better than you. You don't know what is coming, you pray the chosen
    game is one you can get your teeth into. (If I recall they were OK.)

    Here is the finale to the Byrne - Fischer game, one note by Byrne,
    two by me adding the finish Fischer was so disapointed not to play.

    Robert Byrne - Bobby Fishcer USA Ch. New York 1963/64
    (that year the US Champs went through Dec '63 to Jan '64)

  13. 19 May '13 12:40
    Originally posted by greenpawn34
    The other lad was right.

    OTB Chess is still the same, but one very slight change. Live Games.

    I know players who refused for various reason to have their game transmitted live.
    This can lead to a re-seating of the players, (not a redraw of the round)
    as they move the player off the electronic board and move two other
    willing players onto it.

    ...[text shortened]... ook ages. I recall I had to checkmate my opponent when
    all his team mates had resigned.
    if i want to enter the Scottish open as a super patzer it costs me in the region of £100 to enter, if i need to travel its costs me travelling expenses, if i need a place to stay i will need to pay hotel fees, all in all i could be out in excess of £500 just to get a whuppin and even if i win the whole event i may just cover my costs, although it would be hard to put price on the bragging rights. Why are there not more tournaments like the one swiss gambit mentioned, $10, thats about £6.51. Even if you get fifty players and split the prize money say sixty/thirty and ten percent its still gonna be more worth it than if i play in the Scottish open.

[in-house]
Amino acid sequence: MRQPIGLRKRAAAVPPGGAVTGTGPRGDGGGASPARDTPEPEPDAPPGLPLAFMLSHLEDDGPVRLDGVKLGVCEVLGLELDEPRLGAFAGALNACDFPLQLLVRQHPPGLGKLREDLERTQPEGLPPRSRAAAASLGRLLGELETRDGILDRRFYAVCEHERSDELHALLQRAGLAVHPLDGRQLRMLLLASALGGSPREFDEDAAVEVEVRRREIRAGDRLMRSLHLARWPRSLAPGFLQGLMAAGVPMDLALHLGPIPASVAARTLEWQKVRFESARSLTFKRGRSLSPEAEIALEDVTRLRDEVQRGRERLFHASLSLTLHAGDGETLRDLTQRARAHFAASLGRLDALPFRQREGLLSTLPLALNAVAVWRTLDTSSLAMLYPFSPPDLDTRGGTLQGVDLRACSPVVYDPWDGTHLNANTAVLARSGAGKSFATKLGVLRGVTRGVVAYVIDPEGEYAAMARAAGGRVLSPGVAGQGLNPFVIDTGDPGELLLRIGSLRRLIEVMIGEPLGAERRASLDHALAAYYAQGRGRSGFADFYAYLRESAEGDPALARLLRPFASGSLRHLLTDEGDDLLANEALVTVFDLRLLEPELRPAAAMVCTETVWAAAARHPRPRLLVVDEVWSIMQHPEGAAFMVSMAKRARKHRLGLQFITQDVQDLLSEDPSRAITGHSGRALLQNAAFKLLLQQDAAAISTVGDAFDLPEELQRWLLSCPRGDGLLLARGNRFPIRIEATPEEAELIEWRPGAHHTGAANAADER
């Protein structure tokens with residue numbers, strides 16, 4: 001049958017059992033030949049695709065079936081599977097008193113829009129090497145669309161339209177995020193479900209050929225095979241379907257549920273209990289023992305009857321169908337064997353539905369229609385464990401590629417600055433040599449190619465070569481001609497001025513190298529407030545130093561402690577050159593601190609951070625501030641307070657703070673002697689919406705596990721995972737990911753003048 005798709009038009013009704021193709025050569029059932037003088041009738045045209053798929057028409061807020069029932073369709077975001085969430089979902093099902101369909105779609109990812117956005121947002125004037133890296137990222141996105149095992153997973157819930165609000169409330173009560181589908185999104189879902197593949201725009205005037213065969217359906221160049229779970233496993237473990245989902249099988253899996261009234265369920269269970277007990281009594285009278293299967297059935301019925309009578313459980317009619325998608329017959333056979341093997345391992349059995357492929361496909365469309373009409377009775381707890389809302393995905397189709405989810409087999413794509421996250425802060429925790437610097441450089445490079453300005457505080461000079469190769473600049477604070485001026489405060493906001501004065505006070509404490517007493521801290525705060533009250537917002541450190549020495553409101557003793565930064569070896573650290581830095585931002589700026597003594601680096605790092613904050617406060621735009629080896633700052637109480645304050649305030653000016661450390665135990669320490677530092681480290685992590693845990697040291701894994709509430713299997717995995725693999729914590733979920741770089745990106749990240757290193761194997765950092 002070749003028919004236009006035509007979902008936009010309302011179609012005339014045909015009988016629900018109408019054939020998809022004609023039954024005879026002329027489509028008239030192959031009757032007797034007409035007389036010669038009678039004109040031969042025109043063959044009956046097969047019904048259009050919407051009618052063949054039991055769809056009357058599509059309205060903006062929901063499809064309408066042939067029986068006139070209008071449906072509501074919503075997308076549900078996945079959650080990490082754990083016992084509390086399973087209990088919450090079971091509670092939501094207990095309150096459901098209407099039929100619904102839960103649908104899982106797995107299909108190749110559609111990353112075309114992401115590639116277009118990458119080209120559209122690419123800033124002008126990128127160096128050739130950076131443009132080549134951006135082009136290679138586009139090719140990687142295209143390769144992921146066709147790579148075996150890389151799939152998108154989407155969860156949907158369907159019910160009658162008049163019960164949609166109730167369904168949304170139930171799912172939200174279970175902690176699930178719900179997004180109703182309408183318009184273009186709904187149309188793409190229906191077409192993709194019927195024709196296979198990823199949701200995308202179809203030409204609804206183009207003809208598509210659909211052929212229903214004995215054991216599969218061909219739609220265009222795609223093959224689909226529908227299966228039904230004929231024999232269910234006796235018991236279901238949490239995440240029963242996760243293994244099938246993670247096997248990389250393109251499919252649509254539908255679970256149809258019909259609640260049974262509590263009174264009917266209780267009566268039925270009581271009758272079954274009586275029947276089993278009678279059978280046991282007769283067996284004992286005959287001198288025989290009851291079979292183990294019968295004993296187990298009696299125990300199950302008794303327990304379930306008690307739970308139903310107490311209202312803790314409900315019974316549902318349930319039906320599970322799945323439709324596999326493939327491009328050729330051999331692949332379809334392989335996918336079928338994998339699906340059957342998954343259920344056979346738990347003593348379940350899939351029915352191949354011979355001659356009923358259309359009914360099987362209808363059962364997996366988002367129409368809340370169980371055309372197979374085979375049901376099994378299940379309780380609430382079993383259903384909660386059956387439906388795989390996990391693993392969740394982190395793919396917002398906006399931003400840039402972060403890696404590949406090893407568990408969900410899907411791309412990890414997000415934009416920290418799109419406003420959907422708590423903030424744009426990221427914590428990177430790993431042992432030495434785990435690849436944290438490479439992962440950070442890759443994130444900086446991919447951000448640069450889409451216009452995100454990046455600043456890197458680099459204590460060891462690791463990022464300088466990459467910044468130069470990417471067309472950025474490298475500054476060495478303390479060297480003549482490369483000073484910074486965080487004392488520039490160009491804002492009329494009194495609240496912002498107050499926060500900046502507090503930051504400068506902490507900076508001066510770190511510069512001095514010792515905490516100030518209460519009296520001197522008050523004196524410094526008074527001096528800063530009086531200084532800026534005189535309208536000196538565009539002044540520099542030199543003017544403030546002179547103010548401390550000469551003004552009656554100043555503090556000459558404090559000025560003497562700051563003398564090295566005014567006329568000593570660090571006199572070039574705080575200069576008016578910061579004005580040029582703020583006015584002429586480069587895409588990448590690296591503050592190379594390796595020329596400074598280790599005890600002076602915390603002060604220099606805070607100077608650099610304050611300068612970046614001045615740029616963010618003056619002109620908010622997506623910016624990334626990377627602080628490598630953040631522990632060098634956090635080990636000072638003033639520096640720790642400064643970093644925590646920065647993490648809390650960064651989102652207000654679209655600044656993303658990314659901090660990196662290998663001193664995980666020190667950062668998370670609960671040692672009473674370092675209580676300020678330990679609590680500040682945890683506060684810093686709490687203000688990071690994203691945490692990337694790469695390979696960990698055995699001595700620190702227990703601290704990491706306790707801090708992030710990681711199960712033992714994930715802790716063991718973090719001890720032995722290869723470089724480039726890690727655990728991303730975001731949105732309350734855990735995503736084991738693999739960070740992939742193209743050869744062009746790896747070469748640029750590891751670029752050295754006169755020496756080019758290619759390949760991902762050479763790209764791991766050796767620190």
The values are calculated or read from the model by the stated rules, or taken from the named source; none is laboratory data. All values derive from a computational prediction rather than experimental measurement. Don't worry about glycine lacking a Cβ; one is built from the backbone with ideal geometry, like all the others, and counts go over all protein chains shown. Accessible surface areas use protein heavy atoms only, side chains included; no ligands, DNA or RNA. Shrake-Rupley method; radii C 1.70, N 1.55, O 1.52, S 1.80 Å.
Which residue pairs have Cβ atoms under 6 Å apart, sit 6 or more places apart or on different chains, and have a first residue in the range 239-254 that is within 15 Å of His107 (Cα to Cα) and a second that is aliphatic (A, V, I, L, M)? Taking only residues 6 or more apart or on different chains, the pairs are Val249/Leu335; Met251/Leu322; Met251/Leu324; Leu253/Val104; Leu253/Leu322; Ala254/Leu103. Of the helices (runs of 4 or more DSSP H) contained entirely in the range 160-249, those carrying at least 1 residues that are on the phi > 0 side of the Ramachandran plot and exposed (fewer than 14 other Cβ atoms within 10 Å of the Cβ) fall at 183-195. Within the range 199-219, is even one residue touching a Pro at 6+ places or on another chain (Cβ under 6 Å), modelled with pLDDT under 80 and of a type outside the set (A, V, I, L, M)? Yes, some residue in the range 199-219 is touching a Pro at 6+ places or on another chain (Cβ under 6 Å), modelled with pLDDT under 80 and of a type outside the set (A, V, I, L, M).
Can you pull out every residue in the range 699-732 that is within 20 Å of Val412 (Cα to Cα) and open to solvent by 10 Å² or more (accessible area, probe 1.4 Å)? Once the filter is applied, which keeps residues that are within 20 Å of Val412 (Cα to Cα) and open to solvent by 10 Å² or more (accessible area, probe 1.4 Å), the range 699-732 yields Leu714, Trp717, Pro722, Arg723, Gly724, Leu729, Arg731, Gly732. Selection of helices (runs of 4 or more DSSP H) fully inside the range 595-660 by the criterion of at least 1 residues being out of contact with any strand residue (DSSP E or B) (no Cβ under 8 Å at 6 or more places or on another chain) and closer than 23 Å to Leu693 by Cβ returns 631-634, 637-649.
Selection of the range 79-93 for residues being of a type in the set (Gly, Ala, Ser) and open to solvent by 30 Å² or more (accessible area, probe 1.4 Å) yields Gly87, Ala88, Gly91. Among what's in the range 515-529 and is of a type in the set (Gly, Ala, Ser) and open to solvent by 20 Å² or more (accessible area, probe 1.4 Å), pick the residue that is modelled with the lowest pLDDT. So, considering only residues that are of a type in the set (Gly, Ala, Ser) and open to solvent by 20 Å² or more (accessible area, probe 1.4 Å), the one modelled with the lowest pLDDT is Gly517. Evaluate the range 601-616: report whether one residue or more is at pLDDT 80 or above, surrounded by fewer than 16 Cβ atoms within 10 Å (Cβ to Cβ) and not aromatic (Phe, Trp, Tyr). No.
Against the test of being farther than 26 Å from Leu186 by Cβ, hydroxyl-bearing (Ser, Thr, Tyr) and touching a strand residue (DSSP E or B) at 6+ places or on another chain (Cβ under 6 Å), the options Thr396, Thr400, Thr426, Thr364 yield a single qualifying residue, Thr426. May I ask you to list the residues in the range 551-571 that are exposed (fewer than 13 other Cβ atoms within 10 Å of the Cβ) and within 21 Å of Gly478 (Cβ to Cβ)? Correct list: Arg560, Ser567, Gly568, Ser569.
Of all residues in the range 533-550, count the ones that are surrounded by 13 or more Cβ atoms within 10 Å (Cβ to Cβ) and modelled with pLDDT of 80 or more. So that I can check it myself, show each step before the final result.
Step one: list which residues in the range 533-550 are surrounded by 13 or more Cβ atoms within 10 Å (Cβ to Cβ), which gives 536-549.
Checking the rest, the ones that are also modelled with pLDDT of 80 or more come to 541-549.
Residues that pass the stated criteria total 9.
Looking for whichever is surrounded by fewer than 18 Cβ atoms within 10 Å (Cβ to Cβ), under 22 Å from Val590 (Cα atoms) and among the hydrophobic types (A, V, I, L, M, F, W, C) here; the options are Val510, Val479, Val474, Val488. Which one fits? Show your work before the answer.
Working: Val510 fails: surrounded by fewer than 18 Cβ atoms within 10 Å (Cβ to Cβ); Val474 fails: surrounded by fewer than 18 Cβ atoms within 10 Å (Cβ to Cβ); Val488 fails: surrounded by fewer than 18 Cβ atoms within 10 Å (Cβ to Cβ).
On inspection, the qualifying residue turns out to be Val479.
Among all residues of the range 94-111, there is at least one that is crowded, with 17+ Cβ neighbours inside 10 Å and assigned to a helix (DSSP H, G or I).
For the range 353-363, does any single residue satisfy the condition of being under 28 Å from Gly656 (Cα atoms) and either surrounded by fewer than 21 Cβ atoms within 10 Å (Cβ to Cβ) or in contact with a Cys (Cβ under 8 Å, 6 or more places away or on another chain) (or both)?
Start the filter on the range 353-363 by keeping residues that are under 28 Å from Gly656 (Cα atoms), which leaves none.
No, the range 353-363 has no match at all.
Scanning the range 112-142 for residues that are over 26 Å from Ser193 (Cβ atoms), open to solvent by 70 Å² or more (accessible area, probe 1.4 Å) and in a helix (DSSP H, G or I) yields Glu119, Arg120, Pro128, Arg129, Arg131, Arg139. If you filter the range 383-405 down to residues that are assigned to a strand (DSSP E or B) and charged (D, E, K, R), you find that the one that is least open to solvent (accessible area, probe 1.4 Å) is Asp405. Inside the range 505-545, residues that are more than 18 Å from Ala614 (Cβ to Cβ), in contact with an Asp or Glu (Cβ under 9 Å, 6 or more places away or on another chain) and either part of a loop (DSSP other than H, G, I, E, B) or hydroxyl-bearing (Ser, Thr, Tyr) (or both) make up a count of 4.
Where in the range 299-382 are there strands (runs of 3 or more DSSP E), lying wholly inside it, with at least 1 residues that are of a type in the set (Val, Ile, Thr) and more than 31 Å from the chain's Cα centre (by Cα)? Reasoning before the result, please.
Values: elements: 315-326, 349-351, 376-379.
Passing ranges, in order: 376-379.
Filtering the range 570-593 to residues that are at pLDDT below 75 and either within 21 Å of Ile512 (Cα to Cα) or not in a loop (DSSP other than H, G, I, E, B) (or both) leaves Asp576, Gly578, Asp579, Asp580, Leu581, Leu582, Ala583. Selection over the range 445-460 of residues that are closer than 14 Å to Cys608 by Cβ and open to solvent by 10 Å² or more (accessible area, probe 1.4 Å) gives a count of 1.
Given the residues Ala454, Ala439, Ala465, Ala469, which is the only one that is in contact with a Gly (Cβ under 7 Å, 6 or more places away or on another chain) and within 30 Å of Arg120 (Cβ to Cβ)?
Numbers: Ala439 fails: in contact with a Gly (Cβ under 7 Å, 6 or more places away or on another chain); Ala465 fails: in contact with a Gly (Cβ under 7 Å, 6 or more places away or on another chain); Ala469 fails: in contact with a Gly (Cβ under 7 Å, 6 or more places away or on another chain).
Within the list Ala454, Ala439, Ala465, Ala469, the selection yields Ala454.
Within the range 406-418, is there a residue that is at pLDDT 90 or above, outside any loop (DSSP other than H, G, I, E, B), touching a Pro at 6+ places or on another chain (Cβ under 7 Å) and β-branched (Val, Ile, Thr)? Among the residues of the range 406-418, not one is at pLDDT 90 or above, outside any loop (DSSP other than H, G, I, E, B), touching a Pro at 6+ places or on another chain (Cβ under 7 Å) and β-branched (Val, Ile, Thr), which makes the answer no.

The problem for me is that the chess club near me is seasonal, it only meets during the league season, September to April i think and is held in a war memorial building.
  14. 20 May '13 17:00
    Besides playing a few folks at work during lunch or after hours, I stuck to correspondence games mostly. I am a terrible OTB player, but playing correspondence style I get the time I need to evaluate the game as I play.

    The internet fits my play perfectly.

    I think chess computer programs changed the game more than the internet. Hearing stories of GMs cycling through 100's of games in a day during preparation makes my brain hurt. The computers analyze the moves for them and by running through so many games, they can start to memorize patterns.
  15. 20 May '13 18:05
    Originally posted by robbie carrobie
    The problem for me is that the chess club near me is seasonal, it only meets during the league season, September to April i think and is held in a war memorial building.
    This much is true, why do chess clubs always seem to meet in such offensive buildings? British Legion Clubs, Navy or RAF clubs, and Conservative Clubs. Luckily, ours meets in a nice normal pub, and the only other one I ever joined was in a YMCA.